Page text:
The magic I have most deliberately sought it the magic of inspiration. I know no more powerful or glorious feeling than the moment when it crashes into me.

There are many ways of defining magic. Which is excellent. There are many ways of experiencing magic, feeling something as magical and feeling like a participant in something magical. There is however a world of difference between saying ‘this is what magic means to me’ and insisting that your take on magic is the only one available. Magic is personal, Druids are diverse, Druidry is full of possibilities. There is more wonder and delight to be found by being open to other people’s experiences than by insisting that yours is the only real one.


In the country of can’t

I’m used to being able to push through. I’m stubborn, determined and I have a lot of willpower, normally. So when anxiety and depression get their teeth in me, I push back. When fatigue floods my body, I keep moving. When my pain levels are high, I still keep going.  Sometimes I’ve burned out and had to take a few days off. Last year I discovered that this makes me ‘high functioning’ and doesn’t mean that what I’m experiencing is less serious than it is for someone who could not keep going in face of it.

Finding I can’t do things is a whole new issue. Staring blankly at screens when I can’t gather my thoughts to write blog content, or even emails. Unable to sleep from the anxiety that comes with having to get up the next day and work. Unable to move. Finding getting up from the sofa to pee requires all the willpower I can muster. It turns out I am not a limitless being able to manifest my every intention – not that I ever really thought that was true. I am an entirely finite mammal and I am out of resources. It’s a scary place to be, but also fascinating because I’ve never been here before.

For the first time in my life, I have no options of saying ‘yes’ a lot of the time. I am obliged to say no, and to retreat to the sofa, and ask for support.  It’s a strange sort of experience, I don’t like the powerlessness, but I know I won’t get past this unless I surrender to it and let myself heal. I’ve had to have a few conversations about what I can’t do – most of the people I’m dealing with are being brilliant. And where people aren’t able to come through for me…. All I can do is let go and accept because I’m out of options.  I suspect this is going to have interesting impacts on some of my relationships.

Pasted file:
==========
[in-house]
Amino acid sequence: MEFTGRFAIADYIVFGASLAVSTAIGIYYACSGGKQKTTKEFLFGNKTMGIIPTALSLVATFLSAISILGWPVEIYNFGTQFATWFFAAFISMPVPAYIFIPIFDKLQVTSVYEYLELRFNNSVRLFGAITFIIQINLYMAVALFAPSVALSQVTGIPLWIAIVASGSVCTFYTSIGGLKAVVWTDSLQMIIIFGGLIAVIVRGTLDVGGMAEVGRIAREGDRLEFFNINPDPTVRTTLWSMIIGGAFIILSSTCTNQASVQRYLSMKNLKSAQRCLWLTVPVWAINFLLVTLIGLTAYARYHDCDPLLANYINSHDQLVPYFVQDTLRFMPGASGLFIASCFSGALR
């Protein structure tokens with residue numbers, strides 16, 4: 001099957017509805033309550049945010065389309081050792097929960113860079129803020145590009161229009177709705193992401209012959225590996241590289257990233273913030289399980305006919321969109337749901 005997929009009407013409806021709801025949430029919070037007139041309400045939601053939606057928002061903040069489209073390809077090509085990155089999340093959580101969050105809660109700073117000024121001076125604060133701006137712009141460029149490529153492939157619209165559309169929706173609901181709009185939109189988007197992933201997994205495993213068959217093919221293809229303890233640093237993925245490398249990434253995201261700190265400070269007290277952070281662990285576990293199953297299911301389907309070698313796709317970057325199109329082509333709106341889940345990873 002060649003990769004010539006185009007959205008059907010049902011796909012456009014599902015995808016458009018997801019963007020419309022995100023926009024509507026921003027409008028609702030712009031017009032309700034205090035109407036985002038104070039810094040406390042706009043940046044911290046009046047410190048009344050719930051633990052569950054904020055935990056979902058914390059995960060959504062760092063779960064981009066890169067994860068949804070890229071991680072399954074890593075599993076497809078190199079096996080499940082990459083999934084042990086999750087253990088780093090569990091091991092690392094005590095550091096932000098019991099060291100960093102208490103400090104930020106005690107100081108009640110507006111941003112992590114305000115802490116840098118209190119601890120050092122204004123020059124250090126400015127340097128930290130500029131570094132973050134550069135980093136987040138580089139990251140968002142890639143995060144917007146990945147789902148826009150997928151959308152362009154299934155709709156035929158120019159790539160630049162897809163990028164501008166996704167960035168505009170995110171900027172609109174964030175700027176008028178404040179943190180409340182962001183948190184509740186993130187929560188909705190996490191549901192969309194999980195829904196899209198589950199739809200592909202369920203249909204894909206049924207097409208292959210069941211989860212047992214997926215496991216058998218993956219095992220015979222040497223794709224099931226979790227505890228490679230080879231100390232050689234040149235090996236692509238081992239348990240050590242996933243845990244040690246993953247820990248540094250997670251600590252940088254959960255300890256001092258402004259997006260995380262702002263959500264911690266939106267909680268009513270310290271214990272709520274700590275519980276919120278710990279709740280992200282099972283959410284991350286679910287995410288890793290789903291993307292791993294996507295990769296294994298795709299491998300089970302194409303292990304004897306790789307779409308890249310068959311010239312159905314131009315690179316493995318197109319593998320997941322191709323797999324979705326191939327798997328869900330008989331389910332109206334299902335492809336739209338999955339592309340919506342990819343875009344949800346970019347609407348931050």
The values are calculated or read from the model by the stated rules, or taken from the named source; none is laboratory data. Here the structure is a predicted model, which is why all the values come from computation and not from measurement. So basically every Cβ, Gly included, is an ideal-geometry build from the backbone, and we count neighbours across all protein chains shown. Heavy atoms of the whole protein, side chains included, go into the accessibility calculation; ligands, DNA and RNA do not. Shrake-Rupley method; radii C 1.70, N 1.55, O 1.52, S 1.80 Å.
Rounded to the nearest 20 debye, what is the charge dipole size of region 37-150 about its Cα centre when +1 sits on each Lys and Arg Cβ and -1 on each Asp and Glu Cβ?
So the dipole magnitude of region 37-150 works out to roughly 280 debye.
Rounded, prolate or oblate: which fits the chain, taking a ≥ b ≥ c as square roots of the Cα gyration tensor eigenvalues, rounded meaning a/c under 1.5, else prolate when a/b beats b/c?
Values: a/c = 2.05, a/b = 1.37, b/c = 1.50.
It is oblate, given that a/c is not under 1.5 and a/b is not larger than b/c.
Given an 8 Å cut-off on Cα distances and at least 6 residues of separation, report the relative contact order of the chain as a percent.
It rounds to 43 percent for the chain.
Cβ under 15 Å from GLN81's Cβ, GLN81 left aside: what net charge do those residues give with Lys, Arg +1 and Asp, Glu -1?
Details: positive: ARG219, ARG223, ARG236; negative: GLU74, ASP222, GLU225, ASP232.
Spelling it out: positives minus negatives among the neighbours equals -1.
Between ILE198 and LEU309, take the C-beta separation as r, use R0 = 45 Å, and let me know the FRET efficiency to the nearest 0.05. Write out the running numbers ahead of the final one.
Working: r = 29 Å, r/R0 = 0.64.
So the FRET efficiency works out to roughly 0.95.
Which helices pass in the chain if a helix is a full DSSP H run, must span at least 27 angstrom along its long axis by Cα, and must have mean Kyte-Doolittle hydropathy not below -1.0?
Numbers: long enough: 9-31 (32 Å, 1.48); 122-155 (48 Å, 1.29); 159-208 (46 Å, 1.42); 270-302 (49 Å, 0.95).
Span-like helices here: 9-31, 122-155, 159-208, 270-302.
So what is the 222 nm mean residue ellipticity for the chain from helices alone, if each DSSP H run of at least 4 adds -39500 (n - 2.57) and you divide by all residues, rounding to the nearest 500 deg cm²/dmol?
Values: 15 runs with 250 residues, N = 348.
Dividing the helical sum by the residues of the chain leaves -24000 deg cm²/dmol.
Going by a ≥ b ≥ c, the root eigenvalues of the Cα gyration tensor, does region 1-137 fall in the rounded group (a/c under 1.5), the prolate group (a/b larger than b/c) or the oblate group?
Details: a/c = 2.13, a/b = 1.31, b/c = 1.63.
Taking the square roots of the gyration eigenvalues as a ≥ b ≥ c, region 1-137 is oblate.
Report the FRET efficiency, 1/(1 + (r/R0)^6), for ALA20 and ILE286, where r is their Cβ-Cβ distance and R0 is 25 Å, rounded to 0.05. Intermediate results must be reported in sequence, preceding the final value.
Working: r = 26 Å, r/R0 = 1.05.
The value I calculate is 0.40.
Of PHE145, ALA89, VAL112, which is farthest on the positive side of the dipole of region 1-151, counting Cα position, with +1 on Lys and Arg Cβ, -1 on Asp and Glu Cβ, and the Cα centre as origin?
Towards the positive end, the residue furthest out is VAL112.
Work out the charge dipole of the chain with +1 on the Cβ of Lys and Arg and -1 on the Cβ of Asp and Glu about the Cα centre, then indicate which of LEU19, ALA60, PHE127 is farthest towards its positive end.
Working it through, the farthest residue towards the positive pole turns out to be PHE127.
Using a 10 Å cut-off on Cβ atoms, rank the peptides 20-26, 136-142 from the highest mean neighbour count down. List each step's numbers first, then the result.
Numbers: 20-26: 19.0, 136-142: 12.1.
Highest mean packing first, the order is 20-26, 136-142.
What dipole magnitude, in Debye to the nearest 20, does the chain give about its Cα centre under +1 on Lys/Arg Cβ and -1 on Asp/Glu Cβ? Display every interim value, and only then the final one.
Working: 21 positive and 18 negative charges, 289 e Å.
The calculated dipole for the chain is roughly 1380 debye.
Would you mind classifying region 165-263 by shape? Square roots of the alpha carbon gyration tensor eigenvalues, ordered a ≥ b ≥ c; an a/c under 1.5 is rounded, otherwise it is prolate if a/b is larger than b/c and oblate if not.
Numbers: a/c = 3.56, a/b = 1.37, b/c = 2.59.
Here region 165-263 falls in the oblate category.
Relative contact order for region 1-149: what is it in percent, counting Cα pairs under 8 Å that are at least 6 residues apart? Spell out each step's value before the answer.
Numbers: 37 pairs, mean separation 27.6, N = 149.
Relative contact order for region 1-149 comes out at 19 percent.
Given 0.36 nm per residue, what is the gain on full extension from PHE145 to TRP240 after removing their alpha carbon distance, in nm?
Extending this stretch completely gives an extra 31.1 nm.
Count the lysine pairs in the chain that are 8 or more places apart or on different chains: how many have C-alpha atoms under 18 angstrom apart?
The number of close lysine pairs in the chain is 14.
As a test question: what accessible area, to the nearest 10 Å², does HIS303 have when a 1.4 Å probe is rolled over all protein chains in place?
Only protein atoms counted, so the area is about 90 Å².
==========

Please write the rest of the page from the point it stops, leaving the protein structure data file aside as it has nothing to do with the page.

Concentrating to write is hard today, but, I’ve changed how I do blog content so that it isn’t time pressured. It’s ok if this takes me twice as long as it used to. Accepting my limitations and working within them is key at the moment. And somehow, from this place of mostly can’t, I have to figure out how to take better care of myself. I have to work out what will help me recover, and how to keep limping onwards in the meantime. I can’t recommend starting from here.

Slowly, gently, putting down what I can, letting go of what I can, trusting people to get my back, and resting as much as I can are my main tactics right now. I think I can get a proper week off at the start of February, and I think that will help a lot. Onwards, lurching awkwardly, but onwards…


The Messy Altar

Back in the autumn we established a household altar space. It was a big decision – being three adults and a small cat in a small flat, space is at a premium. But, it felt right to dedicate space, and it felt necessary. We talked about what we wanted the space for and what we needed it to do, and then we started experimenting.

My son suggested that a non-binary green person would be a good thing to have, and Keith Healing made us a rowan spirit image on rowan wood. Some of my old ritual kit – wooden goblets – have taken up residence, and some small items of personal significance. We’ve brought in seasonal materials, and we’ve improvised trying to find out how best to use this space.

At the moment, the altar is messy – there’s ivy on it we took from a fallen tree, and there’s a sprawling bowl of hyacinths, the perfume from which fills the flat. It’s a chaotic space, and for the first time since we started, I feel like this is how it should be – a bit wild, excessive, and alive.

Altars are highly personal. At the moment, it’s easy to find lots of glamorous online images of altars made with the shiniest and priciest of items. Sometimes this will make sense. But, it’s not about the money spent, it is about making a space for your heart and soul and doing what makes sense to you.


The writing life

Like many writers, I knew from as soon as I could clutch a pencil that writing was a thing I wanted to do. As a child, I wrote poetry and short stories. I fantasised about what it would mean to be an author – I think that’s common too. As I sauntered into my teens, I spent more time thinking about what I wanted to write than thinking about wanting to be an author, and I kept writing the poetry and the short stories.